Taliban unveils hardline Afghan constitution
( Gulfnews ) The Taliban has published a shadow Afghan constitution outlining an alternative hardline government to that of President Hamid Karzai .
The 23-page document envisages a country where women would remain veiled and under-educated, "un-Islamic thought" would be banned and human rights would be ignored if "contrary with the teachings of Islam".
The Constitution of the Islamic Emirate of Afghanistan comes days after Des Browne, the Defence Secretary, said that the Taliban would need to take a role in the peace process in Afghanistan.
On freedom of speech, the Taliban charter, which is written in Pashto and Dari, is clear: "Every Afghan has the right to express his feelings through his views, writings or through other means in accordance with the law."
However, "un-Islamic thought" is strictly forbidden and "violators will be punished according to sharia " - under the Taliban's strict interpretation of Islamic teachings.
It provides for the education of women, but only within the limits of sharia and stresses that the government would enforce compliance with Sharai Hejab - that women fully cover themselves.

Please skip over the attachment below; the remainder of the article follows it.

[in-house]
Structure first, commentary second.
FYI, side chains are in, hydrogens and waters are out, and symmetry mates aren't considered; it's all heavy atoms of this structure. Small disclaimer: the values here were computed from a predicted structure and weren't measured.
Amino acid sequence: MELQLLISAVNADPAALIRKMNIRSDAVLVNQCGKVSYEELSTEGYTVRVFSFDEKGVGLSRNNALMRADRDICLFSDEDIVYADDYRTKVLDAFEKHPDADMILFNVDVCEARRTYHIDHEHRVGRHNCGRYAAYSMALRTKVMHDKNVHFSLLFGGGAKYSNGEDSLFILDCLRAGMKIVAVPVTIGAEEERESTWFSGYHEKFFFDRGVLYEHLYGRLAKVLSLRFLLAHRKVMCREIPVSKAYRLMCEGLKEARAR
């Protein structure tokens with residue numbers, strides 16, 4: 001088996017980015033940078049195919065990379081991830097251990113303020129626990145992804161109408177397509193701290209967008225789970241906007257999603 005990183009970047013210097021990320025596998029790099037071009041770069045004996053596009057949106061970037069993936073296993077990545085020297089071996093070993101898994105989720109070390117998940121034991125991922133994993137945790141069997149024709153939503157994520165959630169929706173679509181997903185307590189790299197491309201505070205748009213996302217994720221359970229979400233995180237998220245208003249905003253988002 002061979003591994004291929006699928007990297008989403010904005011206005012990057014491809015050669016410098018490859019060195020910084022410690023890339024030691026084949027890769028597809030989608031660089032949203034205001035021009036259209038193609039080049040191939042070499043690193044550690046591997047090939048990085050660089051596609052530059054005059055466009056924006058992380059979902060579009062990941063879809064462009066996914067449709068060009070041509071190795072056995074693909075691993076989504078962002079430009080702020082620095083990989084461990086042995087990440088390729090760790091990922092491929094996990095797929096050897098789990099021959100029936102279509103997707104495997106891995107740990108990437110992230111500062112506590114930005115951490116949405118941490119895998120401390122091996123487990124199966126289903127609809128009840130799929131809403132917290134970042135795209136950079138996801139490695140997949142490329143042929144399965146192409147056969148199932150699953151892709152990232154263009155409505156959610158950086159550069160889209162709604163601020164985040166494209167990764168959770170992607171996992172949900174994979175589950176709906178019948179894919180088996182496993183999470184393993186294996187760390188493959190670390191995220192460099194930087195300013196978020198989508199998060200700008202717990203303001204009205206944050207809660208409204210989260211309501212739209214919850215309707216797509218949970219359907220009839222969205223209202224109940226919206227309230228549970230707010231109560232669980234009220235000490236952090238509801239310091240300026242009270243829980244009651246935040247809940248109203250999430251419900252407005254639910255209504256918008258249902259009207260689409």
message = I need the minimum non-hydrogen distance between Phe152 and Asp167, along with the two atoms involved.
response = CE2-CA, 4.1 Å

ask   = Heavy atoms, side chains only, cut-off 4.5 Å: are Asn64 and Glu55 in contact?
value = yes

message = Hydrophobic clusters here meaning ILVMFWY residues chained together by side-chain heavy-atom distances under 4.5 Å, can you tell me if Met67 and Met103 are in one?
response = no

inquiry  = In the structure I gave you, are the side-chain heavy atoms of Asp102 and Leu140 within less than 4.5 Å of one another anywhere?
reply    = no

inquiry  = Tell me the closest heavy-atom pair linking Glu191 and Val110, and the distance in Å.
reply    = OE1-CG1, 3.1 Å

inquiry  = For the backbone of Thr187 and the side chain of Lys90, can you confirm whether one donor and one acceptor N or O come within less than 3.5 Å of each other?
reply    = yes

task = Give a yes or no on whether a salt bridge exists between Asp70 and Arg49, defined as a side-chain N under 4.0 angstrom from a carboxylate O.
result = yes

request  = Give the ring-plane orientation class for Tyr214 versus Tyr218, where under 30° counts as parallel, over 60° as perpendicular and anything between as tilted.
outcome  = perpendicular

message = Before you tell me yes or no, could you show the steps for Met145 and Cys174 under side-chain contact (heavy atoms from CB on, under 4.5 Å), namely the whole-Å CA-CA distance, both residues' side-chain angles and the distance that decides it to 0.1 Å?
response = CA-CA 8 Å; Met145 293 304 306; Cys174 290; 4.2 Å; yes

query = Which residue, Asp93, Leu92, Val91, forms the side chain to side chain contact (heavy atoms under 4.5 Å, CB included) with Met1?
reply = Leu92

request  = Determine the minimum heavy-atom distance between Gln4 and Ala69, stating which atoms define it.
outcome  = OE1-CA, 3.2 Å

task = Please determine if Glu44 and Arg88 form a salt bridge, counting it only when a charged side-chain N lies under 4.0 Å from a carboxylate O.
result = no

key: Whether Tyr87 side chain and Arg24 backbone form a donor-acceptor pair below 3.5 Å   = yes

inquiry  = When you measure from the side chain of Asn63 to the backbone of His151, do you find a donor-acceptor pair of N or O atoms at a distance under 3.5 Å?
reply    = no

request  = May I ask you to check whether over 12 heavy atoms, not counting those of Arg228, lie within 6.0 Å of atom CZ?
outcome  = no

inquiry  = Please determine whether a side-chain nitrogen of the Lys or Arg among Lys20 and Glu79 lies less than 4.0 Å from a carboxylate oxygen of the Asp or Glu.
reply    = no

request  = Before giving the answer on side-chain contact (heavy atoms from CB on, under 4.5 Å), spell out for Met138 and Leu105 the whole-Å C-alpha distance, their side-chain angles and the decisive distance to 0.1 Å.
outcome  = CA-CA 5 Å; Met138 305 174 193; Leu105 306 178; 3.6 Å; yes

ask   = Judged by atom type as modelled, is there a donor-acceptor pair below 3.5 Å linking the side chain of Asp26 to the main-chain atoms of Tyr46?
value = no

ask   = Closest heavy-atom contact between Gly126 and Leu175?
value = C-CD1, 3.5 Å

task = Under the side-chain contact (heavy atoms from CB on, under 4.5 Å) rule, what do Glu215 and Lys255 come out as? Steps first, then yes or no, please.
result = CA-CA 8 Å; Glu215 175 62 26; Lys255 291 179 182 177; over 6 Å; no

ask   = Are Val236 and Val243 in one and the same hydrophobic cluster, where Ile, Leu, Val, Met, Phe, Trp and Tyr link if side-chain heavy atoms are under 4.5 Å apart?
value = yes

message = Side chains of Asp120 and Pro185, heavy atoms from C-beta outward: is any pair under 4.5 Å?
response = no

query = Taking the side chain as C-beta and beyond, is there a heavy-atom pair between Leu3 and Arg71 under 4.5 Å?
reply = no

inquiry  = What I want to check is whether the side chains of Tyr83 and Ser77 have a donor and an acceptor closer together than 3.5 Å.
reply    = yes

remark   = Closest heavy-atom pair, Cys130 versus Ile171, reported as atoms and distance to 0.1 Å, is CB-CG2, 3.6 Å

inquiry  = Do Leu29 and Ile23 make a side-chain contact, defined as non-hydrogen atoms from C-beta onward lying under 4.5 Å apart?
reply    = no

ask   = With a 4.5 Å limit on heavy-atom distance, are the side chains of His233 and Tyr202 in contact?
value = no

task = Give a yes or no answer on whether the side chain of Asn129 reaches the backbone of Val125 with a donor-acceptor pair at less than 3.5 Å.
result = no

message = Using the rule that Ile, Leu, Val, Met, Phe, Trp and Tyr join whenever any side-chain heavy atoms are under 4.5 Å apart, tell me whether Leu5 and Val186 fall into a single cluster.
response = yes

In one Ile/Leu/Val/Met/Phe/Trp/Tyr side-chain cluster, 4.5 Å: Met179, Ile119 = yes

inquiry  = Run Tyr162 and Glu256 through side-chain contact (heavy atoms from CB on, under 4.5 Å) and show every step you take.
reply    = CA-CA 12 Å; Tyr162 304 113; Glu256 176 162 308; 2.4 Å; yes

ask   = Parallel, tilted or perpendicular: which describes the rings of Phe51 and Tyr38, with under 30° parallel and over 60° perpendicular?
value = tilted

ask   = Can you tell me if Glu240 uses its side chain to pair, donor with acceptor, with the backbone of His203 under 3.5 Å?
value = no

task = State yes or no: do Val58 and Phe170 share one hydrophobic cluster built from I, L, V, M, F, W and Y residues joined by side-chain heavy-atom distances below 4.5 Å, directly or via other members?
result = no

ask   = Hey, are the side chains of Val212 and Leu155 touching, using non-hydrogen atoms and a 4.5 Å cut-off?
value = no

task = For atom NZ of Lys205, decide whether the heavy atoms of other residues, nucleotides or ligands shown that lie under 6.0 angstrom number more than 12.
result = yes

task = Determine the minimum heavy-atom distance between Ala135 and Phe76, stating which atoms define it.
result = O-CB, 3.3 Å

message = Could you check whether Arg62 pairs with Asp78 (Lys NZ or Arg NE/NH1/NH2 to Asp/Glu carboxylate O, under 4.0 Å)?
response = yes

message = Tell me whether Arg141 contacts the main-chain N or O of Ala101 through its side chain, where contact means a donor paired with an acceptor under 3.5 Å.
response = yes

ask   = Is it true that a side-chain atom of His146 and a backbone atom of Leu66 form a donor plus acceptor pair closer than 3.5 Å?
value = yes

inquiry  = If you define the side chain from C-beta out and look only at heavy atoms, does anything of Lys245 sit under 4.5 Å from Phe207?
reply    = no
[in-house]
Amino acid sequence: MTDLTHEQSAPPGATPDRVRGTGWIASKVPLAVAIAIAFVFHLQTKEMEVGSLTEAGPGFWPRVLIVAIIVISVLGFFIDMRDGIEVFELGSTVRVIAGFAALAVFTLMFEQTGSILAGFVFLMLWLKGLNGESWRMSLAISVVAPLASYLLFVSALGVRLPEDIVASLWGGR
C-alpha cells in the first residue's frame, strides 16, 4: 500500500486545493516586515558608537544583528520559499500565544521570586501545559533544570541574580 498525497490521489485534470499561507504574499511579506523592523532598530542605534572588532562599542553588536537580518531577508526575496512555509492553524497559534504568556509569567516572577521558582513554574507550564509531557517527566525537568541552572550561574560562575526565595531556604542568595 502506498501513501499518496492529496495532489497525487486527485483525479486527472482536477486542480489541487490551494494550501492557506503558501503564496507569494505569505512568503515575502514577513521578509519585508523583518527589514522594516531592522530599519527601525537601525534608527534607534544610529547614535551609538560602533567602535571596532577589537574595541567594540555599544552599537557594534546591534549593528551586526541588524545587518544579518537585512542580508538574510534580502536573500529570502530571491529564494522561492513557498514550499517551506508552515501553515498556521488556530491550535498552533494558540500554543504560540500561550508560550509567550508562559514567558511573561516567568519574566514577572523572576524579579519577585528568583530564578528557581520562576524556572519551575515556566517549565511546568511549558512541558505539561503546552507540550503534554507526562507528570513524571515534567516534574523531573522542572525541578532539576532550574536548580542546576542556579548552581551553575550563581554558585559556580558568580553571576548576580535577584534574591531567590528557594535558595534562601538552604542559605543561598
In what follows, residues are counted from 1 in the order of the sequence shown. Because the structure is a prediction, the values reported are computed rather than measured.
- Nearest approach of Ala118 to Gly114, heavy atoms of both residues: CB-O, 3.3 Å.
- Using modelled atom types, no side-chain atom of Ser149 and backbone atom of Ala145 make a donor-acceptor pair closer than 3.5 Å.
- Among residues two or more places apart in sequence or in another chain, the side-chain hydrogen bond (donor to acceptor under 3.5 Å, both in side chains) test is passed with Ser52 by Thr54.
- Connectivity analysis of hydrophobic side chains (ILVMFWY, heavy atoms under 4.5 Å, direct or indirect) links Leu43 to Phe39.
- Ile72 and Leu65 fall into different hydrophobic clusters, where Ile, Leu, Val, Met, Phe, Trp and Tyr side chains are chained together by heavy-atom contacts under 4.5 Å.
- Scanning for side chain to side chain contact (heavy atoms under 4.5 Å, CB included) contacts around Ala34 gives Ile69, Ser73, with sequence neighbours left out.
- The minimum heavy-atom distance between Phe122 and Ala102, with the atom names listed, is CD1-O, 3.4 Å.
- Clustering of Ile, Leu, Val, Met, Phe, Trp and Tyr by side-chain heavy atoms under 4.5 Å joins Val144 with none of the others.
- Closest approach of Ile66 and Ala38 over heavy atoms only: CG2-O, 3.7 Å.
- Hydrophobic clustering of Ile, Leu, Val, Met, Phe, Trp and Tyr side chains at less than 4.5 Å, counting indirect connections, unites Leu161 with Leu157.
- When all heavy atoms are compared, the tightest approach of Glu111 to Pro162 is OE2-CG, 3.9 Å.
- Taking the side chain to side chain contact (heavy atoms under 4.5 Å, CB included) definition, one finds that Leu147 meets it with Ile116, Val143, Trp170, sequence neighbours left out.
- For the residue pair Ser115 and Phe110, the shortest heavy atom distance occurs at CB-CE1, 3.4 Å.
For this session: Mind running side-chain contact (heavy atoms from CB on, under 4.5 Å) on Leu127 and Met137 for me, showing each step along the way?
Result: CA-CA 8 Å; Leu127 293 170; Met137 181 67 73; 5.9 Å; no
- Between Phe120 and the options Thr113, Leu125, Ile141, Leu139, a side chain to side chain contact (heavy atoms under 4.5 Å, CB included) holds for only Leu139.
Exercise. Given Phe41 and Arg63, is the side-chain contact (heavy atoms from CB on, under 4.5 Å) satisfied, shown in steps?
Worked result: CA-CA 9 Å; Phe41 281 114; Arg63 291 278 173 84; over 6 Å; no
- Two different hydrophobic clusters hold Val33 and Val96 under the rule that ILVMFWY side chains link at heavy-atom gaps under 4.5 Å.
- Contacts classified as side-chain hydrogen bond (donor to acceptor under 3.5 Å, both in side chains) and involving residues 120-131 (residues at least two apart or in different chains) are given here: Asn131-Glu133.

The document also stresses the importance of jihad as an obligation for every citizen. It offers the Taliban's support for the United Nations and upholds human rights - "until it is contrary with the teachings of Islam".
"The Islamic Emirate of Afghanistan wishes good working relations with all the neighbouring countries and specially those who have supported the Afghan nation during jihad," it adds.
The greatest power is vested in an Emir- ul-Momineen , or leader of the faithful. Like its official Afghan counterpart, the constitution states that no law can "be contrary to Islamic sharia ".
The Taliban, which ruled most of Afghanistan from 1996 to 2001 and continues to maintain it is the legitimate government, promulgated harsh, unorthodox edicts.
The constitution was approved by the Taliban's central shura religious council, headed by Mullah Omar, in 2005 but only now has been made public.
Karzai's calls for peace talks earlier this month were rejected by the Taliban.
One of the 110 articles of the Taliban's constitution stipulates that all other constitutions are void.